Time to connect the air dots

Time to connect the air dots

SINGAPORE - Changi Airport's closest neighbours are growing, backed by two of Asia's most aggressive low-cost carriers. Down south, Indonesian airline Lion Air has rolled out ambitious plans for Batam's Hang Nadim Airport.

Up north, Malaysia's AirAsia is boosting flights to Senai Airport in Johor Baru.

Both airlines fly direct to Singapore and want to add services at Changi Airport, but are being held back either because they can't get their preferred flight times or air rights to mount more flights.

To get around this, AirAsia has added more flights to Senai and offered free bus rides across the Causeway for Singapore-bound travellers. The airline now flies to 10 domestic points within Malaysia and three international destinations from the Johor airport. It plans to boost capacity.

Lion Air has a similar strategy in Batam. It currently links the airport to 13 domestic points in Indonesia and aims to go international next year. The airline is also planning its own ferry service between the island and Singapore.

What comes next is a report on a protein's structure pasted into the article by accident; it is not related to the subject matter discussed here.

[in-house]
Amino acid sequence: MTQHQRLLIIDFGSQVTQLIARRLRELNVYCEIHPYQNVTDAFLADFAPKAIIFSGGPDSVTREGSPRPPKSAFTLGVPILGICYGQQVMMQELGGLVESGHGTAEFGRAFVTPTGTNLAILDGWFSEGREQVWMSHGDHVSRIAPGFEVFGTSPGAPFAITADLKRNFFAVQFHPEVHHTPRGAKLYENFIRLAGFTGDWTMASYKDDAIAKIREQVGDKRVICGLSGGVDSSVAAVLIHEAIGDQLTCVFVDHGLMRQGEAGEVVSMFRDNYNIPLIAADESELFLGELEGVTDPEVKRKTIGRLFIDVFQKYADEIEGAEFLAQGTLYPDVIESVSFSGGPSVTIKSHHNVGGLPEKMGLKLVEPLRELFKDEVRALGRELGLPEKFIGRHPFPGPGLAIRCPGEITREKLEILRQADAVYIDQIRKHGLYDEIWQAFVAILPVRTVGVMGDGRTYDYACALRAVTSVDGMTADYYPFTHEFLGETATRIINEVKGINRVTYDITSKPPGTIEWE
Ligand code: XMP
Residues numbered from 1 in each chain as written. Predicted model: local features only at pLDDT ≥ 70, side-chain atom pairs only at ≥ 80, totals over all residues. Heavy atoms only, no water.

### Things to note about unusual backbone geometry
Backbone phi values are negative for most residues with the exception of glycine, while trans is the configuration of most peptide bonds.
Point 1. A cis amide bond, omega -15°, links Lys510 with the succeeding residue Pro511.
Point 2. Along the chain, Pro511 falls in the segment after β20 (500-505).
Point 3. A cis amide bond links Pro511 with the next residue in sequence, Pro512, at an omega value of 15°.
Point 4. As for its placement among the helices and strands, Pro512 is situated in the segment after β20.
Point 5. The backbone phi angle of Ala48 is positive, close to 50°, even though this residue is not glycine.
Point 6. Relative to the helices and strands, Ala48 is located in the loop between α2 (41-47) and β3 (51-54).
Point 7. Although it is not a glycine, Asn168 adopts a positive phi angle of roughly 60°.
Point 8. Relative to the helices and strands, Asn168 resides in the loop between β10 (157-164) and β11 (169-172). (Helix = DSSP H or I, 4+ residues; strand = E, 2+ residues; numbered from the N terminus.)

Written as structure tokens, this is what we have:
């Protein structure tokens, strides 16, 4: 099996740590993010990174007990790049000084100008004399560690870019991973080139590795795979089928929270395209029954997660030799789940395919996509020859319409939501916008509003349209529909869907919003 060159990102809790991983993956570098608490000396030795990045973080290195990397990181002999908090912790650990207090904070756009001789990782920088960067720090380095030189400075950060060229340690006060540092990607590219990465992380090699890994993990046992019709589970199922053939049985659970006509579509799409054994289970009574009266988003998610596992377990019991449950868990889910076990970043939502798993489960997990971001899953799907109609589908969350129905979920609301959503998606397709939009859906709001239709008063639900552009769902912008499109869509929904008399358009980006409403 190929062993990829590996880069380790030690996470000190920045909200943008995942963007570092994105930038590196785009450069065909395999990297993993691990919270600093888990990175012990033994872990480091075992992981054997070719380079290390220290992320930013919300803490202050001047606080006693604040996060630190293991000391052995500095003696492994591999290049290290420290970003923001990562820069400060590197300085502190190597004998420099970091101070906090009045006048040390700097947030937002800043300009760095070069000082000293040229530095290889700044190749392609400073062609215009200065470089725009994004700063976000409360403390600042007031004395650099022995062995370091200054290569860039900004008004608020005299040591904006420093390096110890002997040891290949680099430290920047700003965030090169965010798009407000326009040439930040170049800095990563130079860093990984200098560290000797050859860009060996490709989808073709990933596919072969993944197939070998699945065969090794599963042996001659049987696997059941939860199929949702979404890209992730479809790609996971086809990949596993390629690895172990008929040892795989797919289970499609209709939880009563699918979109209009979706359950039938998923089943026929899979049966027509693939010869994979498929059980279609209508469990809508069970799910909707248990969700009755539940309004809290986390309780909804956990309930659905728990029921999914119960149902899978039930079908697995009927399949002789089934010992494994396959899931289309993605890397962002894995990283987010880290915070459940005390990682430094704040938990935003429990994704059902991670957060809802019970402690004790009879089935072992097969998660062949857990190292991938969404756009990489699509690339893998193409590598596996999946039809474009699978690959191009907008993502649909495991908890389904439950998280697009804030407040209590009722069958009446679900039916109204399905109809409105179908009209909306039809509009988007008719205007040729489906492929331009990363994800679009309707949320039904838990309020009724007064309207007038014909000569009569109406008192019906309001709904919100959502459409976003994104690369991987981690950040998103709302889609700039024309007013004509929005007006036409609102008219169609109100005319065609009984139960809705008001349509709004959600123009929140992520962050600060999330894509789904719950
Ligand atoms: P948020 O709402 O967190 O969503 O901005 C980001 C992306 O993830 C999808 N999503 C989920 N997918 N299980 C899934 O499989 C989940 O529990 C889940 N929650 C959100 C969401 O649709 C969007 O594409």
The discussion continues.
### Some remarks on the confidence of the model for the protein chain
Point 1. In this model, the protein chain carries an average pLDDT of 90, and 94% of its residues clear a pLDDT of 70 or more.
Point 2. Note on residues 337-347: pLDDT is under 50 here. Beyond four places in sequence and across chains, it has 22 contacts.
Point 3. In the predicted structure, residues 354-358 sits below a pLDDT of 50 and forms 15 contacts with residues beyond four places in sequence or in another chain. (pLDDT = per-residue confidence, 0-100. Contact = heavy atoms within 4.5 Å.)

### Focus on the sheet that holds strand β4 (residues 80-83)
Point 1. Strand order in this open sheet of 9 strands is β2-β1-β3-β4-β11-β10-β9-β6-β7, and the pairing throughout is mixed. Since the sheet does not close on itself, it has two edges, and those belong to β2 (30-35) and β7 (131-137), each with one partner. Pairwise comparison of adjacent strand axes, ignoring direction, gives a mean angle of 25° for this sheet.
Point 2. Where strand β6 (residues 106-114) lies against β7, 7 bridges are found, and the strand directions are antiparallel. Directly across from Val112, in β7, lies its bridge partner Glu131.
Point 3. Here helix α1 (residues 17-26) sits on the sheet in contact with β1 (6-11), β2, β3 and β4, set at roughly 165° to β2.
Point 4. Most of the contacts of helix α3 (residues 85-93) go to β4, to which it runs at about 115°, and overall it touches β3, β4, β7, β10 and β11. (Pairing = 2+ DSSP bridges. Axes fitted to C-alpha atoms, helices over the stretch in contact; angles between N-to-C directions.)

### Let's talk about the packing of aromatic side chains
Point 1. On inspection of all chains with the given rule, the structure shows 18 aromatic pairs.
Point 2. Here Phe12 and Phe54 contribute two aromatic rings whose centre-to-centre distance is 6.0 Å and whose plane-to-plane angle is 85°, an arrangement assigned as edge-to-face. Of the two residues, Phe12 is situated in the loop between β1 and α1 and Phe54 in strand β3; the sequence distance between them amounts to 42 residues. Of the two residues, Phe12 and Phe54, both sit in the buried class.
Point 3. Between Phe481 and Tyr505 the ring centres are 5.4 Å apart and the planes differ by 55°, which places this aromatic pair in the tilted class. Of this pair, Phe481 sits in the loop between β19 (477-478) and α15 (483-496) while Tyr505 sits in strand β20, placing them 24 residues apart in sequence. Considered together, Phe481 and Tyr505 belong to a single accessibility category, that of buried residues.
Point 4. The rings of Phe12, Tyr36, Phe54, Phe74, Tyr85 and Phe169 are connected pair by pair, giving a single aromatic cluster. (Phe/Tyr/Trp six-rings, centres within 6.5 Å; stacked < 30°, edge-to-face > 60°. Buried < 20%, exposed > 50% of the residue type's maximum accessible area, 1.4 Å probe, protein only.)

Should Changi feel threatened by Hang Nadim and Senai, when it handled 51 million passengers last year, dwarfing the upstarts' respective traffic of about six million and two million passengers?

It's unlikely the folks at Changi are losing sleep over this, though they are no doubt watching developments closely.

Both Lion Air and AirAsia have huge plane orders - more than 450 each. Where they choose to park those planes could affect Changi Airport in the long term. But this does not necessarily have to be in a bad way.

There is good potential for Changi to collaborate with its two closest neighbours.

Assistant Professor Terence Fan from the Lee Kong Chian School of Business at Singapore Management University said: "Changi-Singapore can benefit from the increase in volume and the likelihood of passengers originating from or travelling to Johor Baru or Batam, using Changi as their transit point."

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